To be perfectly honest the ABC sitcom offering, Dr. Ken, did not overwhelm with its pilot episode. The character, a Korean doctor with attitude and an abysmal bedside manner felt forced and awkward. The family, the coworkers and Ken himself all seemed to be trying too hard to be funny. The pilot really felt like a miss for ABC in terms of sitcoms that just were not amusing enough to spend a half hour of time that would never be returned.
Granted there have been three new sitcoms released this year. One on ABC Family Kevin From Work which was so far from funny that calling it a situational comedy would be wrong. Dr. Ken gives the hope that not all sitcoms are unfunny time wasting exercises in forced humor.
Then episode two, The Seminar aired on October 9, Friday. The storyline, continued the doctor with no internal checking mechanism. Ken Jeong as the aggressive, antagonistic GP hit this stride in this episode, as did the rest of the cast. Jeong has reached the moment in his show where one looks forward to a rant from the doc with attitude
The cast: Suzy Nakamura as Ken’s wife Allison, Krista Marie Yu and Albert Tsai as the couple’s children Molly and Dave all hit some impressive highs in this second episode. His colleagues: Kate Simses as co-worker Julie, Tisha Campbell-Martin as Damona, Dave Foley as Pat all acquit themselves with conviction. Simses’ scene where she hugs herself was exquisite in its sincerity which made it that bit funnier.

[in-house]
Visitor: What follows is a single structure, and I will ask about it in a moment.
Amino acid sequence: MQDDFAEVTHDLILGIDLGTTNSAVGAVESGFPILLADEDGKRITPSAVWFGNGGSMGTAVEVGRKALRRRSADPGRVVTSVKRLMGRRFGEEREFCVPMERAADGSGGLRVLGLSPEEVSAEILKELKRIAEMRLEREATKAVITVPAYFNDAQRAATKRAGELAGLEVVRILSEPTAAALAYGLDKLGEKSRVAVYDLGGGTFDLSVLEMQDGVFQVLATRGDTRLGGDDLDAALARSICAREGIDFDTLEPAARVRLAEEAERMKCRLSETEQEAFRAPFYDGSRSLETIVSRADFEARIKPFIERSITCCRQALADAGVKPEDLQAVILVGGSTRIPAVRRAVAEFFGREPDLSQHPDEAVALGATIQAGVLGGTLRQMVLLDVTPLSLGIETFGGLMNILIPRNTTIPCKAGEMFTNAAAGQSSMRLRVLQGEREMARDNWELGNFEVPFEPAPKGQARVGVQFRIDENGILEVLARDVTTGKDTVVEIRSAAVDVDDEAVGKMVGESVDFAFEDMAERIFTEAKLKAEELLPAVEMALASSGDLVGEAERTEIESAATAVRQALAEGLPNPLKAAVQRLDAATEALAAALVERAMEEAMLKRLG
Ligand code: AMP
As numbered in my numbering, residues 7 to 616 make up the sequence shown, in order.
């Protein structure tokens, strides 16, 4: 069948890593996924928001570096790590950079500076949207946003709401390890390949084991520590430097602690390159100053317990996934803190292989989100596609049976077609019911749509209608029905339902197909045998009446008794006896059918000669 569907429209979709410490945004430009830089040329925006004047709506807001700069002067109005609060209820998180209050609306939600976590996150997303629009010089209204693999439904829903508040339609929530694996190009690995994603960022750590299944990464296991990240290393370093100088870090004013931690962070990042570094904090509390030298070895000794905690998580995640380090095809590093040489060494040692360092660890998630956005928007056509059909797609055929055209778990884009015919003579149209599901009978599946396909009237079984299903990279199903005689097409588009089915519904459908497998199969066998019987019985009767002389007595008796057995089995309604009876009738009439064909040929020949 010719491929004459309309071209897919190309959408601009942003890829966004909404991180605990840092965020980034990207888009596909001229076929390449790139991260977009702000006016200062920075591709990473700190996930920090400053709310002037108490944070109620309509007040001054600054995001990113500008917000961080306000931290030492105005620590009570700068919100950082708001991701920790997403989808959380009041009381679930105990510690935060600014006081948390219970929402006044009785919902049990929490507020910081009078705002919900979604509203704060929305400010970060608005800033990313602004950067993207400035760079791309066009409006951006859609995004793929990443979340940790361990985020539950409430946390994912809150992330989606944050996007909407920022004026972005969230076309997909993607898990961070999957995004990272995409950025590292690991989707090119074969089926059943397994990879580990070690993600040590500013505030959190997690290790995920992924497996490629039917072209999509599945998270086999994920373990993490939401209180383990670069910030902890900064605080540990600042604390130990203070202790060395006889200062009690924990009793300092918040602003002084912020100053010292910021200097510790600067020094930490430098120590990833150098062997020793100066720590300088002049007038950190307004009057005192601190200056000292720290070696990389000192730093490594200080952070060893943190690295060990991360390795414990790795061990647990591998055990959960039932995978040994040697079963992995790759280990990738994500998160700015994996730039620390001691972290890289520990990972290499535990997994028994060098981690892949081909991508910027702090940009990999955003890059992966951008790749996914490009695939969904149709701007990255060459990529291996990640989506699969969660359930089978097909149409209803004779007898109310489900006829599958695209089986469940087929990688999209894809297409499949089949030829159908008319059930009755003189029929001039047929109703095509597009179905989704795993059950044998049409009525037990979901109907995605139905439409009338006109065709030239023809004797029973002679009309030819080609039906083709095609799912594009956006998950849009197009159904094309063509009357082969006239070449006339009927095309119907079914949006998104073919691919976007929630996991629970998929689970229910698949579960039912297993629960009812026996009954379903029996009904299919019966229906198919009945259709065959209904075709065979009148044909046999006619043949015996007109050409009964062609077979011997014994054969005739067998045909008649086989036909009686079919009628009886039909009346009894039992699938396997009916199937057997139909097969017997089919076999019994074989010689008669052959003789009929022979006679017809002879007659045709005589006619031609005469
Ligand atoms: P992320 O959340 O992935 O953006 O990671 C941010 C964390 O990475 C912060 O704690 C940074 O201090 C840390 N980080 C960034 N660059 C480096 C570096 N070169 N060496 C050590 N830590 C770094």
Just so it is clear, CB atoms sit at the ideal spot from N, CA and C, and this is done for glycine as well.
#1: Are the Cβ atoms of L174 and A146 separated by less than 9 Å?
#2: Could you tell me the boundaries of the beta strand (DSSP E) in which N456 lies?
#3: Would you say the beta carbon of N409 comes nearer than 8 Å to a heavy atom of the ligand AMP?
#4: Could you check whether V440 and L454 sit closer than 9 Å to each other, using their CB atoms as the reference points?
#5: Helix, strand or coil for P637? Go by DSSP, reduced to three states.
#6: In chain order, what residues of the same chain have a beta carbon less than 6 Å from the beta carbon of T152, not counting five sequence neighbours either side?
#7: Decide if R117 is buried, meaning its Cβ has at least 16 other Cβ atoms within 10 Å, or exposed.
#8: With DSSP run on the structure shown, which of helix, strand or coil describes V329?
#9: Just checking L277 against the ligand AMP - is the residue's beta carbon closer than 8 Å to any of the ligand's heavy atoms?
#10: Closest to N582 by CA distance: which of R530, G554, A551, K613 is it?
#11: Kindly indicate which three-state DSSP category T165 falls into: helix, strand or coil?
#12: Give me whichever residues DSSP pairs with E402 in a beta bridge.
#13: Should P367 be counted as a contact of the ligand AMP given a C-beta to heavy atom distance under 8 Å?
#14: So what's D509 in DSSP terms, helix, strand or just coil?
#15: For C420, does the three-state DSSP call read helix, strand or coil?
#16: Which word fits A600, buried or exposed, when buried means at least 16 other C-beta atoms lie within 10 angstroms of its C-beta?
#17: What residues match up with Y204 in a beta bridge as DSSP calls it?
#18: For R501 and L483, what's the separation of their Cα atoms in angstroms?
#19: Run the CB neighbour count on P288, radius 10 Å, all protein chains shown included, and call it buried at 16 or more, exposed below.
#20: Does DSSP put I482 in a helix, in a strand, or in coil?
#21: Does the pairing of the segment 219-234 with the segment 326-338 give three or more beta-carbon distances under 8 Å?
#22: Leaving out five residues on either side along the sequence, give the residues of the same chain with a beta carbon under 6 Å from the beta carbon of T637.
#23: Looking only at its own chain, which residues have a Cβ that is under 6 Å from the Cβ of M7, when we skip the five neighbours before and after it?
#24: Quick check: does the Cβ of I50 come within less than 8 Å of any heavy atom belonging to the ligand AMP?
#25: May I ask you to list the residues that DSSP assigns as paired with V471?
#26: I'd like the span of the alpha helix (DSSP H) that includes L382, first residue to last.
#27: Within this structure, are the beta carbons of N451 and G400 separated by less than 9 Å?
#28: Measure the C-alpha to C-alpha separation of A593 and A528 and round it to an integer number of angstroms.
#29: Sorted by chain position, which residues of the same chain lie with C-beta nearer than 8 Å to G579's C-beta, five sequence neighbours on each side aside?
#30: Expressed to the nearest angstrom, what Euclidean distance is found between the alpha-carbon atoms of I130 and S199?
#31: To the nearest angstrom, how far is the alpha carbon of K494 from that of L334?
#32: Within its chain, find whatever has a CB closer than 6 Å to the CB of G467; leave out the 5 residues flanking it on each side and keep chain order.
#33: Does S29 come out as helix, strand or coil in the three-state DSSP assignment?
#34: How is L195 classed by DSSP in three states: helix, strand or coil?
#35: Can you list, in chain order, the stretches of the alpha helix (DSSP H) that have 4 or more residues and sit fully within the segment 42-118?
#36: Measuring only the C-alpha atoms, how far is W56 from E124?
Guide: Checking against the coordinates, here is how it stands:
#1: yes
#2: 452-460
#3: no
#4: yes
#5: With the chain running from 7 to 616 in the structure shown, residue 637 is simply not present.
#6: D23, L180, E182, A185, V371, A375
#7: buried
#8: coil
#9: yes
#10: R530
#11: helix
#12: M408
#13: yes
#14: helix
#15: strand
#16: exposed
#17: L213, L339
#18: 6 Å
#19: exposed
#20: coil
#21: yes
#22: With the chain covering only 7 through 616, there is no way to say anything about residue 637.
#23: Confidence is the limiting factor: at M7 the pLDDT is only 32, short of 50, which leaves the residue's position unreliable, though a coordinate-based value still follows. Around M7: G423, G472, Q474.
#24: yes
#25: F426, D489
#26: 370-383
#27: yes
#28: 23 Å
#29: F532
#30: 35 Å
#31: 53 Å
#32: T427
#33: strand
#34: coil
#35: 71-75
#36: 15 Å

The two Dr. Ken plot’s are similar, as they would be, he annoys patients who either self diagnose or ignore his prognosis. This week’s target was a “samurai knot wearing” business owner who decides to stop taking her medication and, taking advice from Dave at Whole Foods, switches to fish oil.
Although this young lady does not lodge a complaint, it is Ken’s nurse, whose feelings are hurt when the doctor does not express support for his passing the RN exam who files a formal complaint about “his” doctor. This gives Ken a third strike and mandatory attendance to a bedside manner seminar is his punishment. Meanwhile, his parents, whom he invited over, are eating dinner with his very reluctant family, sans Ken.
While the jokes come out pretty rapid-fire they were more relaxed in delivery this week and worked so much better because of it. The humor, which runs from Ken turning everything into a sexual reference with his wife, to non-communicative in-laws and, of course, Ken in attack mode was smoother and funnier.
Now that the forced feeling is gone and the pacing has steadied the show provides more gags per minute with less intensity. The feeling that everyone was too desperate for the audience to laugh has also departed and the show is funnier and just a little addictive.
Dr. Ken has something for everyone. Ken Jeong feels a little like a real-life Woody Woodpecker or Bugs Bunny, doing things most people would only dream of doing. His doctor is insulting, arrogant and hilariously aggressive, ready to switch to attack mode in a nano-second. His family also fit in with the doctor’s personality and lifestyle.
In the pilot, the best bit of the episode was Ken’s reaction to his son’s decision to be a mime. In The Seminar, the entire thing worked brilliantly. The family learning that Ken’s family were not “the Korean Rushmore” and the doctor’s realization that his nurse was also his friend.
Dr. Ken airs Fridays on ABC, tune in and prepare to laugh now that the show has found its rhythm.